All of the books and magazines that have been mentioned are excellent. If you haven't already done so, I would strongly urge you to join a local homebrew club.

    Welcome to the obsession!
  7. scurvy311

    scurvy311 Disciple (344) Dec 3, 2005 Louisiana

    Here are HB42's Extract Brewing Tips...(Courtesy of Vikeman)

    First of all it's important to realize that good quality, fresh extract alone can brew fantastic beer as long as your recipe formulation and brewing technique are good. One of the best beers I've ever brewed, extract, all grain, or otherwise, was an abbey singel that was nothing but pilsen DME, a little table sugar, a touch of hallertauer, and wyeast 1214. I've brewed show stopping English bitters with nothing but Muntons extra light DME, a touch of crystal, some goldings, and wyeast 1968. And nothing is more popular than my simple extract hefe, which is nothing but 6 lbs of wheat DME, an oz of noble hops, and wyeast 3068 (it doesn't get any easier than that, and it's a great beer).

    if you want to brew great extract beers, the following guidelines are imperative:


    I can't stress this enough. If you're doing concentrated boils, you're never going to produce flawless beers, no matter what else you do. If you're brewing 5 gallons of beer, you MUST start with at least 6-6.5 gallons of wort, and this is ESPECIALLY true for very pale colored or very hoppy beers. Late extract additions are helpful for those who do concentrated boils, but they're not a sub for a real FULL wort boil.

    2) Use only high quality, extra light, light, or pilsen extracts, and I much prefer dry extracts over liquid, as they tend to be fresher and lighter in color.

    Every extract beer that you brew should be based on either extra light DME, or pilsen DME. When an all grain brewer builds a recipe, they start with a pale base malt and work from there, even for the darkest beers, and a great extract brewer should do the same. Extra light extract is nothing but basic good quality 2-row, and a touch of carapils, while pilsen extract is 100% pilsner malt, and either of these are a fantastic slate on which to build any amazing beer. If you want to brew beer like an all grain brewer, then you need to think like an all grain brewer and build your recipes from the ground up.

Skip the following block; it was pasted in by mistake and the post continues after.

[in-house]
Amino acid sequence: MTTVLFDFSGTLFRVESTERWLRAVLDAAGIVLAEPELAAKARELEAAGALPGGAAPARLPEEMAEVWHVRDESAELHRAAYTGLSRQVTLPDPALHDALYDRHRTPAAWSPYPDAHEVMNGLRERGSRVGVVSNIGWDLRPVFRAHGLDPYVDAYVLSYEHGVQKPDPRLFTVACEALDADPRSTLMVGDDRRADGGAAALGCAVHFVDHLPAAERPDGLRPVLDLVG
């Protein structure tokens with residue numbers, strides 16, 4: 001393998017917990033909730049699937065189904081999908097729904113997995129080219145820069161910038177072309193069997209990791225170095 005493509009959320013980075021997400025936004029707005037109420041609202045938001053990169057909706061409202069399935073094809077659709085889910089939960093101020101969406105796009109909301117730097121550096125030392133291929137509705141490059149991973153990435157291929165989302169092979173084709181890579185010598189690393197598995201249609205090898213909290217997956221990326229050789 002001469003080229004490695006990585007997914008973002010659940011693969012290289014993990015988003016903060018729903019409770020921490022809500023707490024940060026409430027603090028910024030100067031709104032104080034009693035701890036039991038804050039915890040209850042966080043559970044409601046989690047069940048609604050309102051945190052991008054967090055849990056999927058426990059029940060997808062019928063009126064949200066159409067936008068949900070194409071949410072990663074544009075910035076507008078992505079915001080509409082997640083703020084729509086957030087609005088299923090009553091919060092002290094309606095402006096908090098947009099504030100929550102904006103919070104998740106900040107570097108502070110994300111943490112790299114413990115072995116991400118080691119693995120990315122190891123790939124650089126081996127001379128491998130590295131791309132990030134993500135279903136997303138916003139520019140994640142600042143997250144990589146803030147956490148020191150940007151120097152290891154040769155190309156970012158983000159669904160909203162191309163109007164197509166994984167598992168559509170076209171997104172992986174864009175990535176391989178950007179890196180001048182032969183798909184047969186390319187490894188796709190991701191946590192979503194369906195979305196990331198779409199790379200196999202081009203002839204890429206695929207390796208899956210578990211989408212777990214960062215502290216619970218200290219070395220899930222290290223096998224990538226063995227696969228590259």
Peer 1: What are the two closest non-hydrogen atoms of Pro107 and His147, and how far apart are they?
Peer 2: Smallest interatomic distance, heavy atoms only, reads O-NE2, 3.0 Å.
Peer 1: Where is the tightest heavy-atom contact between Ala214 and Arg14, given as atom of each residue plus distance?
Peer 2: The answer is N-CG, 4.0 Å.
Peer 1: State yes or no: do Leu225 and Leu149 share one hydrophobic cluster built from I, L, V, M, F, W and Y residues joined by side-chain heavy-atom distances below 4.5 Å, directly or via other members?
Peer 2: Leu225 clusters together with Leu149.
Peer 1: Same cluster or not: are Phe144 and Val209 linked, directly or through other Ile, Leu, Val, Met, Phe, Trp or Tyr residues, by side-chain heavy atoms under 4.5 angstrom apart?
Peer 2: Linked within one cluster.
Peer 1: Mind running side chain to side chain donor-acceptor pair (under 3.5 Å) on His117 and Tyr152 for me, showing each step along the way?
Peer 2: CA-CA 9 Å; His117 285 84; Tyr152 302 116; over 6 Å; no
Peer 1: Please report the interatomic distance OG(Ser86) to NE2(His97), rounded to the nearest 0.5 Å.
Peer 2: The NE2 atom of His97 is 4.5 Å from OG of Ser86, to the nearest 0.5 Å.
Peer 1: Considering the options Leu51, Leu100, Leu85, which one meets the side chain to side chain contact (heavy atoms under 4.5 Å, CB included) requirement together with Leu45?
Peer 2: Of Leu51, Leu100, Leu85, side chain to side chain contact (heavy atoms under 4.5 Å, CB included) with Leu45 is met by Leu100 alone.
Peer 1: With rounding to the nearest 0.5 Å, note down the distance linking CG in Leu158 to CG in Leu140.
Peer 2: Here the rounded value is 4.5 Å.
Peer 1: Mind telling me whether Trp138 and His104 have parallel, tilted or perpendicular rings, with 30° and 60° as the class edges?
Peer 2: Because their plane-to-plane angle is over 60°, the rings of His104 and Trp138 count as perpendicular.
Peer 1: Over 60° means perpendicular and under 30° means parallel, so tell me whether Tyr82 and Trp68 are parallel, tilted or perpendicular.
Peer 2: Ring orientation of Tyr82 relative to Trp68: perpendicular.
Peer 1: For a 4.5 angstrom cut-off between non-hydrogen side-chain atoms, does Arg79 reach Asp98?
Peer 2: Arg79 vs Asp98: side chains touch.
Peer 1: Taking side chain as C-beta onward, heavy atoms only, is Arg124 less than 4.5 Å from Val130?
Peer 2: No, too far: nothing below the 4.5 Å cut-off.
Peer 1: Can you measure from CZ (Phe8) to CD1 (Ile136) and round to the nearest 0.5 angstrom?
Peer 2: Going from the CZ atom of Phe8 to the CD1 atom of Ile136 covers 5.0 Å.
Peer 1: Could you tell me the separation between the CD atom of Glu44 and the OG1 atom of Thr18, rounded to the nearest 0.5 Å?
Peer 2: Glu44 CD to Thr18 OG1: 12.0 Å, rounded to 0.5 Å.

3) Use only FRESH extract!

    Don't buy extract kits that have been sitting on a store shelf for who knows how many millennia. This is especially true with liquid extract, which has a much shorter shelf life than dry and tends to darken and taste stale over time. This alone is a good reason to completely avoid liquid as far as I'm concerned. And try to find a retailer that moves their product and always has fresh inventory. For example a larger online homebrew supply may be better at providing fresh products than your stagnant local shop.

    4) Do NOT scorch your extract.

    This is yet another reason why I prefer DME over LME, as DME floats while LME sinks to the bottom of the kettle. If you decide to use LME however, remove the kettle from the burner and FULLY dissolve your extract before putting it back on the heat.

    5) Know which grains can be steeped and which can't.

    The only grains that can be steeped are crystal/caramel/cara malts, and roasted grains like chocolate malt, roasted barley, and black patent malt. EVERYTHING else really needs to be mashed. Doing things like trying to steep oatmeal or munich does nothing but load up your beer with unconverted starch, which is not doing your beer any favors. If you want to include other grains in your extract beers, then do a mini mash, NO exceptions.

    5) DO A FULL WORT BOIL! Partial boils kill beer. Seriously.

    6) Keep your yeast happy at all times.